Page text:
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SPLOST vote coming this fall
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SPLOST VI revenue totals

Projected funds: $240 million

Revised budget: $152 million

Total collections through 2013: $113 million

SPLOST VII calendar

May 1-8: County sends 10-day notice of meeting to cities

May 19-26: County and cities hold official meeting to outline project list

June 1-20: County and cities conduct two public input meetings

July 1-15: County and cities adopt intergovernmental agreement

July 24: County adopts resolution approving SPLOST VII and instructing election officials to call for fall referendum

Local government officials are pushing forward on a new special purpose local option sales tax and intend to hold a ballot referendum on the measure come Election Day, Nov. 4.

Officials met Monday night at Chateau Elan in Braselton to lay out the schedule for public hearings on the proposed new tax and discuss the particulars of a SPLOST VII.

SPLOST originated in 1985 as a 1 percent sales tax to pay for capital projects, infrastructure and development expenses. Money from the tax has been spent on everything from road improvements and public works projects to libraries and parks to public safety operations and building construction.

SPLOST VI was approved by voters in 2009 and is set to expire next year.

If approved by voters, a SPLOST VII would have a five-year life and take effect July 1, 2015. Revenues distributed to each municipality would be determined based on population estimates, and officials are considering using some money off the top to pay for joint city-county projects.

Local governments must hold public hearings, build a project list, finalize cost and revenue estimates, and call for a referendum 60 days prior to a vote.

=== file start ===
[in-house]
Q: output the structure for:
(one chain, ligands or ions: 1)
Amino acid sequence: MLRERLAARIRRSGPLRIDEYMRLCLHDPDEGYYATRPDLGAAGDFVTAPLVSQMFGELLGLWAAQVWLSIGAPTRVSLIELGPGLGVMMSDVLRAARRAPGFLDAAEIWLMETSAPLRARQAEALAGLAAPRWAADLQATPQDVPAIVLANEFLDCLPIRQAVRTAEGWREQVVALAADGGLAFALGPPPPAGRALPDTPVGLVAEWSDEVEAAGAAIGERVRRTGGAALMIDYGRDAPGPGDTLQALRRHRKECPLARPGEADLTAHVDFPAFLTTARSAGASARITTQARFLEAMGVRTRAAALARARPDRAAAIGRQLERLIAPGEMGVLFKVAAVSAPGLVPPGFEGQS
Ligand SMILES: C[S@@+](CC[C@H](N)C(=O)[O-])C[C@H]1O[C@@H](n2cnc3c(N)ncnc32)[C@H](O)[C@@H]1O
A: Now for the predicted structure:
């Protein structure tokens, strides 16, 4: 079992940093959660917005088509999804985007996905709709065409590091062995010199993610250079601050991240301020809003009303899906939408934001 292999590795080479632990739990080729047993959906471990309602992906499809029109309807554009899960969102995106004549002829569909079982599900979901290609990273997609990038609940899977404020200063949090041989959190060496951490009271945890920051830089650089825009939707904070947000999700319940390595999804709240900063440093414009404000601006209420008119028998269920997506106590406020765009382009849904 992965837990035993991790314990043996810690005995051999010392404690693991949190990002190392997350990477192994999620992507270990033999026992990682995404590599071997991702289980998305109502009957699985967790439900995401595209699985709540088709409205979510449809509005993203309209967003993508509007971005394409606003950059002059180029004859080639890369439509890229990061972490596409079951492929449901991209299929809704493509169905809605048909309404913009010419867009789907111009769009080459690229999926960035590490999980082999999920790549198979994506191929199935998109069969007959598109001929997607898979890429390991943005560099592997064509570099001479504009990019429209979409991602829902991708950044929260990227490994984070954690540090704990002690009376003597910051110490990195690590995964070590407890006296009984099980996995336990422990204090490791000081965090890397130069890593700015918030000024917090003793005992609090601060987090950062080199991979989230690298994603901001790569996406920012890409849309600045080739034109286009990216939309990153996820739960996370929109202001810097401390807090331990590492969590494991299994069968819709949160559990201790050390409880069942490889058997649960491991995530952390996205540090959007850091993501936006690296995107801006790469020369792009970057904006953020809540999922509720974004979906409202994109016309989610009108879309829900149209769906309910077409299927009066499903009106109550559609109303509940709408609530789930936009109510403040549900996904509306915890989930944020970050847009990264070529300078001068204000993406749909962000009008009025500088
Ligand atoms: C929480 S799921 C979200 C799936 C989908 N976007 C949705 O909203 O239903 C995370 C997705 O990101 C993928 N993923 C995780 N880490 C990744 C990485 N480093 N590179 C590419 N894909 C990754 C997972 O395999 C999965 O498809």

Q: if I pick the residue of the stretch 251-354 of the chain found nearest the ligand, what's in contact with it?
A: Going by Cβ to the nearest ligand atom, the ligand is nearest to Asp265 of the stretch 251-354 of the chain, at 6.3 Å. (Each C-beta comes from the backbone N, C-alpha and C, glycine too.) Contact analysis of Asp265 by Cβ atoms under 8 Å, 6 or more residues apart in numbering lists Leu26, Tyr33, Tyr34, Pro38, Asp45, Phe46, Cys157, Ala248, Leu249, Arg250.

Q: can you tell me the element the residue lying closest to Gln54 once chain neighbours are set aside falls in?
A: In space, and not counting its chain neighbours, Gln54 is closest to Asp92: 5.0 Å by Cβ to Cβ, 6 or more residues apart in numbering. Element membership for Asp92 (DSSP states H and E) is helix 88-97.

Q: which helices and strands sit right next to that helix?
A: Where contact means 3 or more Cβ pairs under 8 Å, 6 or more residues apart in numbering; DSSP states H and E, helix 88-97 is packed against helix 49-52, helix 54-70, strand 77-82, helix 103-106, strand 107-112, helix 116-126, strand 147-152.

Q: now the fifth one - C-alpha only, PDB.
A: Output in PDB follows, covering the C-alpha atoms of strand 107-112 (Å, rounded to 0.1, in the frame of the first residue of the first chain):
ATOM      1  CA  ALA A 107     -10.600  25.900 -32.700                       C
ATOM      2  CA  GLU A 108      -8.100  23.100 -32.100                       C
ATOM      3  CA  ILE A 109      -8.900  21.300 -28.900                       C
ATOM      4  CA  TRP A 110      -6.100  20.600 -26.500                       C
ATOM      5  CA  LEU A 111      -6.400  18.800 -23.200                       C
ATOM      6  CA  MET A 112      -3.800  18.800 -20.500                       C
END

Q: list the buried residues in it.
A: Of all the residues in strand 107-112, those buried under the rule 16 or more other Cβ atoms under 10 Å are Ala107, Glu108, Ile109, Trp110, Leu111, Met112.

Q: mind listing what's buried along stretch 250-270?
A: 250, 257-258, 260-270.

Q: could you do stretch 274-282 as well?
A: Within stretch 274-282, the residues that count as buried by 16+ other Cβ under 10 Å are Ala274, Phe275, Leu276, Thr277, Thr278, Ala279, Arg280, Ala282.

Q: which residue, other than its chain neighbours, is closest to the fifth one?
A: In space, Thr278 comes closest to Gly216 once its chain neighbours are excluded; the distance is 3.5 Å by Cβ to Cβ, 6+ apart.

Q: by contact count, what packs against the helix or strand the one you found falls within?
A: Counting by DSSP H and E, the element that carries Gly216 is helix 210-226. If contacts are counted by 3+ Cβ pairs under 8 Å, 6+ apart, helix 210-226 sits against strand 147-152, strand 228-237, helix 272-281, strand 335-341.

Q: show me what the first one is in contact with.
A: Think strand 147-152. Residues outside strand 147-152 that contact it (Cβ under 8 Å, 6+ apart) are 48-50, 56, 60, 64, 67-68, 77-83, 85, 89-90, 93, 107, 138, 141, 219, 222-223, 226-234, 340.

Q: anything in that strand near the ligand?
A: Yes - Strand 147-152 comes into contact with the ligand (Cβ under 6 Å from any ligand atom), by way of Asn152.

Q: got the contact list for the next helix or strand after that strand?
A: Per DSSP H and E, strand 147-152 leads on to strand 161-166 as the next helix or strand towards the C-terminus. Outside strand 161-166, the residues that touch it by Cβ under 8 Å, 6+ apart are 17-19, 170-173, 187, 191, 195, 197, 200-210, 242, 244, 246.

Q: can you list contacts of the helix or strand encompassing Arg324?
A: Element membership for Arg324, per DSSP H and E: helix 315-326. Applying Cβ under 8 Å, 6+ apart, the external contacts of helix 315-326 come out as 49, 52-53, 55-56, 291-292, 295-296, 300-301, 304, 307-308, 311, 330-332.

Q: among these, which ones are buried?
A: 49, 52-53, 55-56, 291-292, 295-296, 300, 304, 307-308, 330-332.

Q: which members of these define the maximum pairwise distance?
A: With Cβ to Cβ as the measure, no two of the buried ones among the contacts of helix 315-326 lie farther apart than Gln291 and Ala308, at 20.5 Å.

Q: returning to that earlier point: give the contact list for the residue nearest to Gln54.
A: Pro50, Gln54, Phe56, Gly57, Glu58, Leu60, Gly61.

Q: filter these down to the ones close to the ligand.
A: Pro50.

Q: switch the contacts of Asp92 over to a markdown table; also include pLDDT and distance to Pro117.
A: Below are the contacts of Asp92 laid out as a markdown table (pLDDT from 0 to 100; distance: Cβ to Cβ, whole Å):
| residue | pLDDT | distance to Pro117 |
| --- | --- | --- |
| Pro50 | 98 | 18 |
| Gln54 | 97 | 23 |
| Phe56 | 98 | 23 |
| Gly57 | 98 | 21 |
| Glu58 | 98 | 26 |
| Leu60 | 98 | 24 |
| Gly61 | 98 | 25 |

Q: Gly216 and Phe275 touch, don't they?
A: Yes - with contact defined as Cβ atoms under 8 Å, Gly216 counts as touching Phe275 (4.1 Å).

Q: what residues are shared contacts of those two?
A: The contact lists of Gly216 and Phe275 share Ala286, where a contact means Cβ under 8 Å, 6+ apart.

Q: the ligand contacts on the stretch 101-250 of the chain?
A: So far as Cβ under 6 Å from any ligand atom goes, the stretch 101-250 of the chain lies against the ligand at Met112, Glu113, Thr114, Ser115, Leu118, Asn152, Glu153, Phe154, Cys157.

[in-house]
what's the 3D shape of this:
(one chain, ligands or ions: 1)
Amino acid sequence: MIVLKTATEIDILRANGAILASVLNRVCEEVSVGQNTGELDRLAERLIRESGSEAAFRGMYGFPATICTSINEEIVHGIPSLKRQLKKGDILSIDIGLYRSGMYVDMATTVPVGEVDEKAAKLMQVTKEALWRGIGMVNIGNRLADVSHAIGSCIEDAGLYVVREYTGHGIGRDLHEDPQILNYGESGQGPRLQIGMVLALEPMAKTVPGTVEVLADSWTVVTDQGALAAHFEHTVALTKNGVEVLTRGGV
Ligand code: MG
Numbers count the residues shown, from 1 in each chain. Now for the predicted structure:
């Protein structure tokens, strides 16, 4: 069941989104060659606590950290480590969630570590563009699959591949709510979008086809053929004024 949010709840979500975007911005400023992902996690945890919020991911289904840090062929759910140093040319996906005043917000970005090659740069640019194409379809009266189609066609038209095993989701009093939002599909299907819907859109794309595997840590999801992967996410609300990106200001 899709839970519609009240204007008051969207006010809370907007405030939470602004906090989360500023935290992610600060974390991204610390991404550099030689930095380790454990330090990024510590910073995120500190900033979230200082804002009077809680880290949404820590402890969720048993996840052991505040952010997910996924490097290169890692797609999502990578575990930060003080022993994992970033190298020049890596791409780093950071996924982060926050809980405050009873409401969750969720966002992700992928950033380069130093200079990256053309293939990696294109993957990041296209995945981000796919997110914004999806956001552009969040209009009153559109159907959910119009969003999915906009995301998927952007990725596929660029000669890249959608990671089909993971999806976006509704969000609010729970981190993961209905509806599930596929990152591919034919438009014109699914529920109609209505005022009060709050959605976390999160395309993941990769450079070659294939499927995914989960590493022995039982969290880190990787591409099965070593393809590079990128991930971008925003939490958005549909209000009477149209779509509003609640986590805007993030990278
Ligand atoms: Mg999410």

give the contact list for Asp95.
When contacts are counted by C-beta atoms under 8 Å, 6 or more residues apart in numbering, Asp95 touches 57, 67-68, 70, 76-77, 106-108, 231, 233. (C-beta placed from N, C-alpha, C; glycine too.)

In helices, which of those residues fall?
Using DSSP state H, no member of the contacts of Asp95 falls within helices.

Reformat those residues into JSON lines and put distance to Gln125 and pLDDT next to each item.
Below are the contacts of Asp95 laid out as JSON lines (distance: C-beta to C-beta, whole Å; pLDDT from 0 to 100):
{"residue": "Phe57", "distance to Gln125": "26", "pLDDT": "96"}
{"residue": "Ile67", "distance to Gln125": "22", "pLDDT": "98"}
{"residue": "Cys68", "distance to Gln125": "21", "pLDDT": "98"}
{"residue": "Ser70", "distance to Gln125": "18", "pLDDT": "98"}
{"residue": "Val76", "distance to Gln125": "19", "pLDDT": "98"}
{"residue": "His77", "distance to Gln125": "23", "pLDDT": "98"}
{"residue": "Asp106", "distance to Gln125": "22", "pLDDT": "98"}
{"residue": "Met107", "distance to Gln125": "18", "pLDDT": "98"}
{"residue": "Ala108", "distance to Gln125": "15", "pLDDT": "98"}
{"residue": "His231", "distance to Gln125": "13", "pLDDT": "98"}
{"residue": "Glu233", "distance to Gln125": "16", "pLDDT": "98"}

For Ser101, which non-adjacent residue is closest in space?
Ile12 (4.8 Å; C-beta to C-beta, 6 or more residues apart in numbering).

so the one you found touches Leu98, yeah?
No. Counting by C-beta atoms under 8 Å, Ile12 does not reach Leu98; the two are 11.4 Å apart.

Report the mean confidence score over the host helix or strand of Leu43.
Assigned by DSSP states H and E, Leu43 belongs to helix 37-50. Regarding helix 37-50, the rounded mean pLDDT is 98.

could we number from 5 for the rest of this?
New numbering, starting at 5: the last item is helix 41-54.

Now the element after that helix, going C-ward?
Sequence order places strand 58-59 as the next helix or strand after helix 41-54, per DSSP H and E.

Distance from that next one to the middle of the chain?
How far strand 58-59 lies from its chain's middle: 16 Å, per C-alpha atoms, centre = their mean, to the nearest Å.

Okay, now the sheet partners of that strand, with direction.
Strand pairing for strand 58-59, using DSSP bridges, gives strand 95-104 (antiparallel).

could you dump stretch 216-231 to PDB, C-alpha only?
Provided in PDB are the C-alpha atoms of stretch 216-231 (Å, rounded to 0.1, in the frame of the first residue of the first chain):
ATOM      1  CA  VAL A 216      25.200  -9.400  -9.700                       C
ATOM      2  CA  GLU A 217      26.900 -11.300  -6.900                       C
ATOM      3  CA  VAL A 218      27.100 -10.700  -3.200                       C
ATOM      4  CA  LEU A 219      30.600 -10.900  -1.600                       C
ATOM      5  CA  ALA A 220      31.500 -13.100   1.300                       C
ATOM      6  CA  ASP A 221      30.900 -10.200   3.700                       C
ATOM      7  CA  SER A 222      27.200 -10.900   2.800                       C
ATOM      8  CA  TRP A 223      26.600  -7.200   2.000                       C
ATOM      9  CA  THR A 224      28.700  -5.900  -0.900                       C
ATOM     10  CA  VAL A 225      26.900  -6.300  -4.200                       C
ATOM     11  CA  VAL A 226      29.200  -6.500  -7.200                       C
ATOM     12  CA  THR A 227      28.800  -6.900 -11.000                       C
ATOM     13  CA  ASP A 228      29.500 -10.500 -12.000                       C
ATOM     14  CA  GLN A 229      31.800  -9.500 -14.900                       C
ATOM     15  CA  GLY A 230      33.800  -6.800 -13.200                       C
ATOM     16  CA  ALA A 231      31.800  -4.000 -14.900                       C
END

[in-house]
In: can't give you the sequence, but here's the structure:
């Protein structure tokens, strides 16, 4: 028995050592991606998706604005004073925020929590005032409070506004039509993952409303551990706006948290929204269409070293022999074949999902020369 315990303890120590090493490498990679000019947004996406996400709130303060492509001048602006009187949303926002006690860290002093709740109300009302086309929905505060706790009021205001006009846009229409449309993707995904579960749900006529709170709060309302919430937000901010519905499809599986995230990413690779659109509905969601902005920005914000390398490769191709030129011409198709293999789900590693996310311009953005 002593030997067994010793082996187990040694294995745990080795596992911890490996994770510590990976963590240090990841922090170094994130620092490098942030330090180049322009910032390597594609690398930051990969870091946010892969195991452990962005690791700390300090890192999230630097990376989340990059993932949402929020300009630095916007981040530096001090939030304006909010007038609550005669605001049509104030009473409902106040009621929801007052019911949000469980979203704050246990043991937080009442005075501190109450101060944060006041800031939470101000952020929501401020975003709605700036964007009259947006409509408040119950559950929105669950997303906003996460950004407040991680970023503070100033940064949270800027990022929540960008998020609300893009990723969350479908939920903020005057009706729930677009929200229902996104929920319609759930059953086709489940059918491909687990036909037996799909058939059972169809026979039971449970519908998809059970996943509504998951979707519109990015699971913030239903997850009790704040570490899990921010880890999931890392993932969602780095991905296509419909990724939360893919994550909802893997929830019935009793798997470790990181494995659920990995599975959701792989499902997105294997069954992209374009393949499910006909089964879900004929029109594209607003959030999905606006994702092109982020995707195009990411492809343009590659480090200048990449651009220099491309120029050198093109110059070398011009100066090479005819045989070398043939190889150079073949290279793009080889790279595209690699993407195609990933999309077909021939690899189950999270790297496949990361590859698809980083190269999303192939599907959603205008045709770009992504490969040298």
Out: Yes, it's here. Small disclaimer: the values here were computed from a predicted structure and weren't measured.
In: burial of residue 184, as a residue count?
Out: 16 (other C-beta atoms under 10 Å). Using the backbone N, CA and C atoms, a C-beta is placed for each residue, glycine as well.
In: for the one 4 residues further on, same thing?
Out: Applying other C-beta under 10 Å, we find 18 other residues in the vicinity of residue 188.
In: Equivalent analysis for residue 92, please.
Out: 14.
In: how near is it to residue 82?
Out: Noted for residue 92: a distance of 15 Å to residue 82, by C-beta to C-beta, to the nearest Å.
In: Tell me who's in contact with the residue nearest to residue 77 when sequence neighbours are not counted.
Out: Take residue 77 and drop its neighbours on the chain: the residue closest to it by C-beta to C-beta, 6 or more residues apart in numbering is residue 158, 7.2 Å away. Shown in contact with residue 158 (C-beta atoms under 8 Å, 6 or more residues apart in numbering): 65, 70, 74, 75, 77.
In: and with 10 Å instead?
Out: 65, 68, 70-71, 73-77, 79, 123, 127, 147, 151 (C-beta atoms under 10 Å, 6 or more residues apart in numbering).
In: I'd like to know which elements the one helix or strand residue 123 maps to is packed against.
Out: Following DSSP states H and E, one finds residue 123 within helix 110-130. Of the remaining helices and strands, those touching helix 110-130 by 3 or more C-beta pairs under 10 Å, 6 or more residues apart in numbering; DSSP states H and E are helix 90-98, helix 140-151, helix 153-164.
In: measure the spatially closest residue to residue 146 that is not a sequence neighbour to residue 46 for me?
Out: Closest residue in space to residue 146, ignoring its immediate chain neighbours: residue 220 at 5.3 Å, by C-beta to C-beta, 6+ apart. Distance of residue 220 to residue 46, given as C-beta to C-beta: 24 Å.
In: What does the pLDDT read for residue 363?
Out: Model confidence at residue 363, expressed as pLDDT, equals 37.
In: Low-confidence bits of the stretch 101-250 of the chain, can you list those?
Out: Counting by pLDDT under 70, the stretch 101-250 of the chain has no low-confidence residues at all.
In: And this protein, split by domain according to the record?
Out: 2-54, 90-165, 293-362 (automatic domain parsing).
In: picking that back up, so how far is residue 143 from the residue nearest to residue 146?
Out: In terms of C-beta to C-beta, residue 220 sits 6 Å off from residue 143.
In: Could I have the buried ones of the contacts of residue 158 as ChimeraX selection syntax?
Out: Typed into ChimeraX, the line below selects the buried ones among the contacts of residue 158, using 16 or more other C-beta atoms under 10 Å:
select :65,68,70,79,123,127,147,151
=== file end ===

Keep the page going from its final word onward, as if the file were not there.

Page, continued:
Officials said it is paramount to include voters in the process, and plan to hold two public input meetings, tentatively set for June 10 and 19. At those times, officials will identify funding priorities and begin building a project list.

A July 24 date has been set for the county to adopt a resolution approving SPLOST VII and instructing election officials to call for a fall referendum.

Hall County Administrator Randy Knighton said officials must walk a fine line in this process, pointing out which projects could be served by the tax while not specifically advocating them. It is necessary to gather the public’s wish list, he added.

One of the biggest challenges in selling a SPLOST VII to the public is the fact revenue from the current tax has fallen well below projections.

Initial projections for SPLOST VI placed revenues for the county and participating cities at about $240 million over the six-year life of the tax. But those estimates have now dropped to $152 million.

Dr. Alfie Meek, an economist at Georgia Tech, has been hired by the county to help formulate revenue projections for a SPLOST VII.

Gainesville City Councilman Sam Couvillon said convincing voters of the wisdom of approving a new SPLOST will depend not on selling the projects so much as relating their benefits.

“Hopefully, (voters) will take ownership of that,” he said.

Gainesville Mayor Danny Dunagan said he believes having a citizen oversight committee will help alleviate voters’ concerns.

Officials plan to have such a committee meet quarterly to review revenues, expenditures and project status.

Another challenge will be convincing voters that no other good options remain to finance capital projects. Officials roundly agreed that spending general fund money, issuing bonds or raising ad valorem taxes were not viable.

Moreover, they insisted on the need to finance capital projects based on the expected growth coming to Hall County.

“(Voters) have no idea what we’re looking at,” said Hall County Board of Commissioners Chairman Richard Mecum.

But identifying the right kind of projects to fund will take some due diligence, and officials said it is important to set priorities on them with respect to the county’s needs.

“We’ve got to proceed cautiously,” Couvillon said.